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The Presets, The Rubens, KLP and Other Artists Ask People to “Vote Music” at NSW Election

Artists including Jimmy Barnes, The Rubens, Annie Hamilton, Bliss n Eso, The Presets and KLP have thrown their support behind the non-partisan Vote Music campaign, calling on voters to think about the future of live and recorded music at next week’s New South Wales state election.

Participants and supporters of the Vote Music campaign – which is calling for a $100 million commitment to music in NSW from all parties – include industry bodies like APRA AMCOS, ARIA, MusicNSW, PPCA, the Australian Festival Association, Australian Live Music Business Council and Live Performance Australia. The campaign also has support from Sydney venues like Crowbar and Phoenix Central Park, agencies like Select Music and record label Sweat It Out and community radio station FBi.

The Presets Are One of Many Artists Throwing Their Support Behind the Campaign

Recently, Vote Music launched a three-pillar strategy for establishing NSW as Australia’s “natural home of contemporary music.” The three key pillars of the plan are the establishment of a Contemporary Music Office in NSW Government, significant government investment in artists and industry initiatives, and protecting and building venues, festivals and other music spaces in NSW.

According to Vote Music’s policy paper, the establishment of a Contemporary Music Office in the NSW Government would spearhead the development and delivery of a 10-year Contemporary Music Strategy. “Coordinated government commitment and leadership are essential to position the industry as a global leader that benefits the health, wealth and wellbeing of NSW communities,” it reads.

As for the second pillar – government investment in artist and industry initiatives – Vote Music has specified that strategic investment should include a focus on “First Nations music, workforce and business capacity, audience development, regional NSW and Western Sydney.”

When it comes to the building and protection of venues and festivals in NSW, Vote Music points to the ongoing challenges of operating a live music business in NSW, with the state losing close to 200 live music venues over the past decade.

As part of the comprehensive plan, Vote Music is requesting a $100 million commitment from all parties and candidates ahead of the state election, which will take place on Saturday, 25th March. The plan has the backing of NSW Labor, who have made a $103 million commitment, while Greens NSW have pledged to invest $700 million into music. Numerous independent MPs and candidates have also backed Vote Music’s plan. The NSW Liberal-National Coalition – which is currently in government – has not yet pledged any backing for the plan.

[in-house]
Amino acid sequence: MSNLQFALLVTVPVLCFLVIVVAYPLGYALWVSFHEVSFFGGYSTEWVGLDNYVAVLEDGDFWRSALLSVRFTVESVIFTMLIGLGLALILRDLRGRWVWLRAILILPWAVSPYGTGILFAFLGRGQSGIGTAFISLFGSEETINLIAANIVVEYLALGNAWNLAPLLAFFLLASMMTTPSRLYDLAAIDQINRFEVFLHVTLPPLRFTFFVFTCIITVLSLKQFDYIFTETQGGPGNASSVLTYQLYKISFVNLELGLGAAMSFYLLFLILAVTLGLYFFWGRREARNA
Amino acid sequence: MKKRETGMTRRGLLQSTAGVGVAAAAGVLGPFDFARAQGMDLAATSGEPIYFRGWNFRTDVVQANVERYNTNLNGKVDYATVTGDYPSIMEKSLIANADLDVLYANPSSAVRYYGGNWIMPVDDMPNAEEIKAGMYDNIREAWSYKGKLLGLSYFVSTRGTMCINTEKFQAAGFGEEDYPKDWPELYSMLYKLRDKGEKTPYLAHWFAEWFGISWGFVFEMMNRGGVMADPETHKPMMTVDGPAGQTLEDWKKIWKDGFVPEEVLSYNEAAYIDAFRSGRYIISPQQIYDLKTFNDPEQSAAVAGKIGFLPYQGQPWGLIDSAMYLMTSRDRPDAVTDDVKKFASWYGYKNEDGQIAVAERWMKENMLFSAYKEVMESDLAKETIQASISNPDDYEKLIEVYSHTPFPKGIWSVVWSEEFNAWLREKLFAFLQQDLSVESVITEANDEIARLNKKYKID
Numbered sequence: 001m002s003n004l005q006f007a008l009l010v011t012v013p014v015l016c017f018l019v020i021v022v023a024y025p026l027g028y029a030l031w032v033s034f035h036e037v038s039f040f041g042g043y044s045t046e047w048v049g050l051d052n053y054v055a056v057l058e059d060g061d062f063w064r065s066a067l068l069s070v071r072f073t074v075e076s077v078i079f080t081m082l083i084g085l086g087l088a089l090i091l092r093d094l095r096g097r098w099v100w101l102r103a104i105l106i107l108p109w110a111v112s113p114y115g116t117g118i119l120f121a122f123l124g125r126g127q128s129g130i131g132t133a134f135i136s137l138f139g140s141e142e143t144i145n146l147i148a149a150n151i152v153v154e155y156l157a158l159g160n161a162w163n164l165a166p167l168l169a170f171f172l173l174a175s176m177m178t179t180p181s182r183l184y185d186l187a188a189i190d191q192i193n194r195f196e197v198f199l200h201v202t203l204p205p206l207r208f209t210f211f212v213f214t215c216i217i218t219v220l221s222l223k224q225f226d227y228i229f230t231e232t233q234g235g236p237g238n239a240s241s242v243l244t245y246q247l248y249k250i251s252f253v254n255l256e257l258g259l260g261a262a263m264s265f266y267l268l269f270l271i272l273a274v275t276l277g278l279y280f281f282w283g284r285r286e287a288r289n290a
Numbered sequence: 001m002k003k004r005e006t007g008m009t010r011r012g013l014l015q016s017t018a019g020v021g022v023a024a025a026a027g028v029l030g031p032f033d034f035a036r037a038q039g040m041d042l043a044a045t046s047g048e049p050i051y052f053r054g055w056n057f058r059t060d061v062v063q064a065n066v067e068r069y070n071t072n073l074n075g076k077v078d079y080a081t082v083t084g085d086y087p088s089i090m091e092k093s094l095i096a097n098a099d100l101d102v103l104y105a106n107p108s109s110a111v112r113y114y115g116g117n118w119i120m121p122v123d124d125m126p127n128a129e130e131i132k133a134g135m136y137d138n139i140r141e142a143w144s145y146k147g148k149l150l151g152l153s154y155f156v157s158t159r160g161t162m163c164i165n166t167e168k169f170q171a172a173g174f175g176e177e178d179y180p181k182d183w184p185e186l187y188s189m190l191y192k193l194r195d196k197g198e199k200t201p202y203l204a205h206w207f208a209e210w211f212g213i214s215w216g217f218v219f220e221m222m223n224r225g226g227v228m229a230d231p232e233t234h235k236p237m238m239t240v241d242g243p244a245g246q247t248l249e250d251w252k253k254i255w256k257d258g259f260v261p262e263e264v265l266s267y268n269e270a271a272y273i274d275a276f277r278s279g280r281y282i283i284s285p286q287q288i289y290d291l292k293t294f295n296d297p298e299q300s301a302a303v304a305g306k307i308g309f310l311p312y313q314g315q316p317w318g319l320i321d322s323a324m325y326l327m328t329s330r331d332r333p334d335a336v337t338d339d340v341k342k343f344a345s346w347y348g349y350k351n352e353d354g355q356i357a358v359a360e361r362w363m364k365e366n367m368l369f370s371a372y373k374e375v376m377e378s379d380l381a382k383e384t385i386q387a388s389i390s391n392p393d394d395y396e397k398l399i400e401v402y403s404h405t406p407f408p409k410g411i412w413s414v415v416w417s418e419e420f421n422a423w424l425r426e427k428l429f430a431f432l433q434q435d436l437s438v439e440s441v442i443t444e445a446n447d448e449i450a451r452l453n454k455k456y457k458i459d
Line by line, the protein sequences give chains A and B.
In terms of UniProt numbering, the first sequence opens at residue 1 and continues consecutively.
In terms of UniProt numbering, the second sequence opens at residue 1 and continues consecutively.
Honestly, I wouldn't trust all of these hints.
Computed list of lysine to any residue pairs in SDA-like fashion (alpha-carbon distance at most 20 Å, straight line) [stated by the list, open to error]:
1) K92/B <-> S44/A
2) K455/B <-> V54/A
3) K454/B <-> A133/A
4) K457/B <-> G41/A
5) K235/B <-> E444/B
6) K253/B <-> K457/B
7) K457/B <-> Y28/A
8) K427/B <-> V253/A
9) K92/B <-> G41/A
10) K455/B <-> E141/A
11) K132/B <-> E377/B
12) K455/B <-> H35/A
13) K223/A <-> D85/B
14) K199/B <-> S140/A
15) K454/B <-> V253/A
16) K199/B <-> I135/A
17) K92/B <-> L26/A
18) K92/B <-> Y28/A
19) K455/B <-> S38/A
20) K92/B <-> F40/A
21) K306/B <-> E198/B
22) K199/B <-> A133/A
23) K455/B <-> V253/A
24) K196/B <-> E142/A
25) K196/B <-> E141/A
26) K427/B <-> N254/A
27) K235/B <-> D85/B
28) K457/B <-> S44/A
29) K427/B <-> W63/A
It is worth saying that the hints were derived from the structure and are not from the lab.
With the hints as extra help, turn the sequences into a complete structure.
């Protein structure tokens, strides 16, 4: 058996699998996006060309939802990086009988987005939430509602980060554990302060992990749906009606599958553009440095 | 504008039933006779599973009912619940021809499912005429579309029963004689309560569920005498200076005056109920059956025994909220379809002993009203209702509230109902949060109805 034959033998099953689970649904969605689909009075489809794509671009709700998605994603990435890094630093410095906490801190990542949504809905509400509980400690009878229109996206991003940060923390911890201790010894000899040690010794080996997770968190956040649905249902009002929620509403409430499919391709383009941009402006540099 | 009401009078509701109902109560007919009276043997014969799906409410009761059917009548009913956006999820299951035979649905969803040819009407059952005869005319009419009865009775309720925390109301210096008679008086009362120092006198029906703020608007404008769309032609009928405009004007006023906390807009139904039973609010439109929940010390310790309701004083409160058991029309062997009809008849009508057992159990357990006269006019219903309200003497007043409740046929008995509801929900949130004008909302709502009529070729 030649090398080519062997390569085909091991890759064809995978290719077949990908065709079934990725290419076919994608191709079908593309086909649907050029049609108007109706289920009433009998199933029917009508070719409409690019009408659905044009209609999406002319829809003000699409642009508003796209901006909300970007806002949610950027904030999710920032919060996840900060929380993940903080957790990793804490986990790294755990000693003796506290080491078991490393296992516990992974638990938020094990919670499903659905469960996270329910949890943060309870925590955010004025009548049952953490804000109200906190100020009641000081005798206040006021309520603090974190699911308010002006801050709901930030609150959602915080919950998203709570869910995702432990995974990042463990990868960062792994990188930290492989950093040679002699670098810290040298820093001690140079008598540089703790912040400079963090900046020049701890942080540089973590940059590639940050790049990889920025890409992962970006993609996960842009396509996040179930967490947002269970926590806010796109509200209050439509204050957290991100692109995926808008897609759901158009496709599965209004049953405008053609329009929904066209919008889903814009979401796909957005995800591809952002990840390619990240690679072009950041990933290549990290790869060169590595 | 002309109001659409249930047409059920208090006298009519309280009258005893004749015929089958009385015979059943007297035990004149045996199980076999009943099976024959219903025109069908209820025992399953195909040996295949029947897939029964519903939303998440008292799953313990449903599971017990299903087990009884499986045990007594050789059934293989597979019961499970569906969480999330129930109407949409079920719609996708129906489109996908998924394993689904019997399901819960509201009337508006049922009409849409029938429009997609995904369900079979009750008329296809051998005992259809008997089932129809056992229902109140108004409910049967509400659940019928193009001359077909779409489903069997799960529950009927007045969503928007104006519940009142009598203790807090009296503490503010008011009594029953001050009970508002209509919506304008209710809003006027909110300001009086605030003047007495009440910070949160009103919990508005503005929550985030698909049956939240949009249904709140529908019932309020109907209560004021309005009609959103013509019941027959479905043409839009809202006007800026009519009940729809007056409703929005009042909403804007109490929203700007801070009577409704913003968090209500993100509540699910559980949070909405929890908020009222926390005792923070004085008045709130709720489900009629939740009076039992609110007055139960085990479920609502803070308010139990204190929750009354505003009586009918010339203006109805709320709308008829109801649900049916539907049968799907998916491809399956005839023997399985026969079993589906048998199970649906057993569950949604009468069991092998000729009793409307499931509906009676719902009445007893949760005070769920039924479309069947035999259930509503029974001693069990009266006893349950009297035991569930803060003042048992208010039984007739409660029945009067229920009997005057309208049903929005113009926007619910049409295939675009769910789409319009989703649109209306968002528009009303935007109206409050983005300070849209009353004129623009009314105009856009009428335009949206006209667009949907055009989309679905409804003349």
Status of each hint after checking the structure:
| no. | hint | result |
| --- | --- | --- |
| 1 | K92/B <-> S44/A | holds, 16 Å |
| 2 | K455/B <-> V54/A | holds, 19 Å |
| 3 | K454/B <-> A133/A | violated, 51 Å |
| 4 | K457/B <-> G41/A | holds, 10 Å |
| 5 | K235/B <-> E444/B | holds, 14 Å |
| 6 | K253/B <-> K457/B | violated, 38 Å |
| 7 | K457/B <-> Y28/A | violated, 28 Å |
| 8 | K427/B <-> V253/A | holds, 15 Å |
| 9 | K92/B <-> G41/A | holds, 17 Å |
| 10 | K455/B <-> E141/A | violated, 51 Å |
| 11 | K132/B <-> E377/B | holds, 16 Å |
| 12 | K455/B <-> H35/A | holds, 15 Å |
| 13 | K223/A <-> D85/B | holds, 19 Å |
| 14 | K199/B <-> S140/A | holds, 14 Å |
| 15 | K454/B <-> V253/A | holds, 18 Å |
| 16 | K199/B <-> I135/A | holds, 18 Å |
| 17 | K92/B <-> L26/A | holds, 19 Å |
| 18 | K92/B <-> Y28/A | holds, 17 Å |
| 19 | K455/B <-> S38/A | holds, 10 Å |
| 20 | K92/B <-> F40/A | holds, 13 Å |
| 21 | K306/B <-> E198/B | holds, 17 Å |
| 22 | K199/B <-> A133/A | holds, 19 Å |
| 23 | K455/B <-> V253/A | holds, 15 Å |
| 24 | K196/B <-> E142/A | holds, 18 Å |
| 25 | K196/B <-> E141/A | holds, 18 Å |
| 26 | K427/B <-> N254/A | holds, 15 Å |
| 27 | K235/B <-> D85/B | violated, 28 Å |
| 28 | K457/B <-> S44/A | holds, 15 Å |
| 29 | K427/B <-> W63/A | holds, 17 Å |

“The contemporary music industry injects $3.6 billion in economic, social and cultural value into the state, and this election represents a unique opportunity to significantly supercharge NSW’s music industry, one that likely won’t happen again on a similar scale. If successful, it will be the largest investment in contemporary music – ever,” reads a press statement from the Vote Music campaign.

“Despite the underlying strength of music in NSW, a decade of challenges has meant the industry is not flourishing as it should. There are fewer places for live music, and creative professionals and music businesses are moving interstate. A generation of young talent is missing out on opportunities and regional music communities aren’t getting enough support to thrive.”

You can find the full details of Vote Music’s plan – along with a report card of commitments from parties and candidates in the NSW election – here, and read the campaign’s policy paper here.

Further Reading

MusicNSW Launches New Tour-Planning Platform, The Regional Touring Network

NSW Parliament Says Yes To $250 Min Wage For Musicians At Publicly-Funded Events

NSW Government Abandons Controversial ‘High-Risk’ Categorisation For Music Festivals

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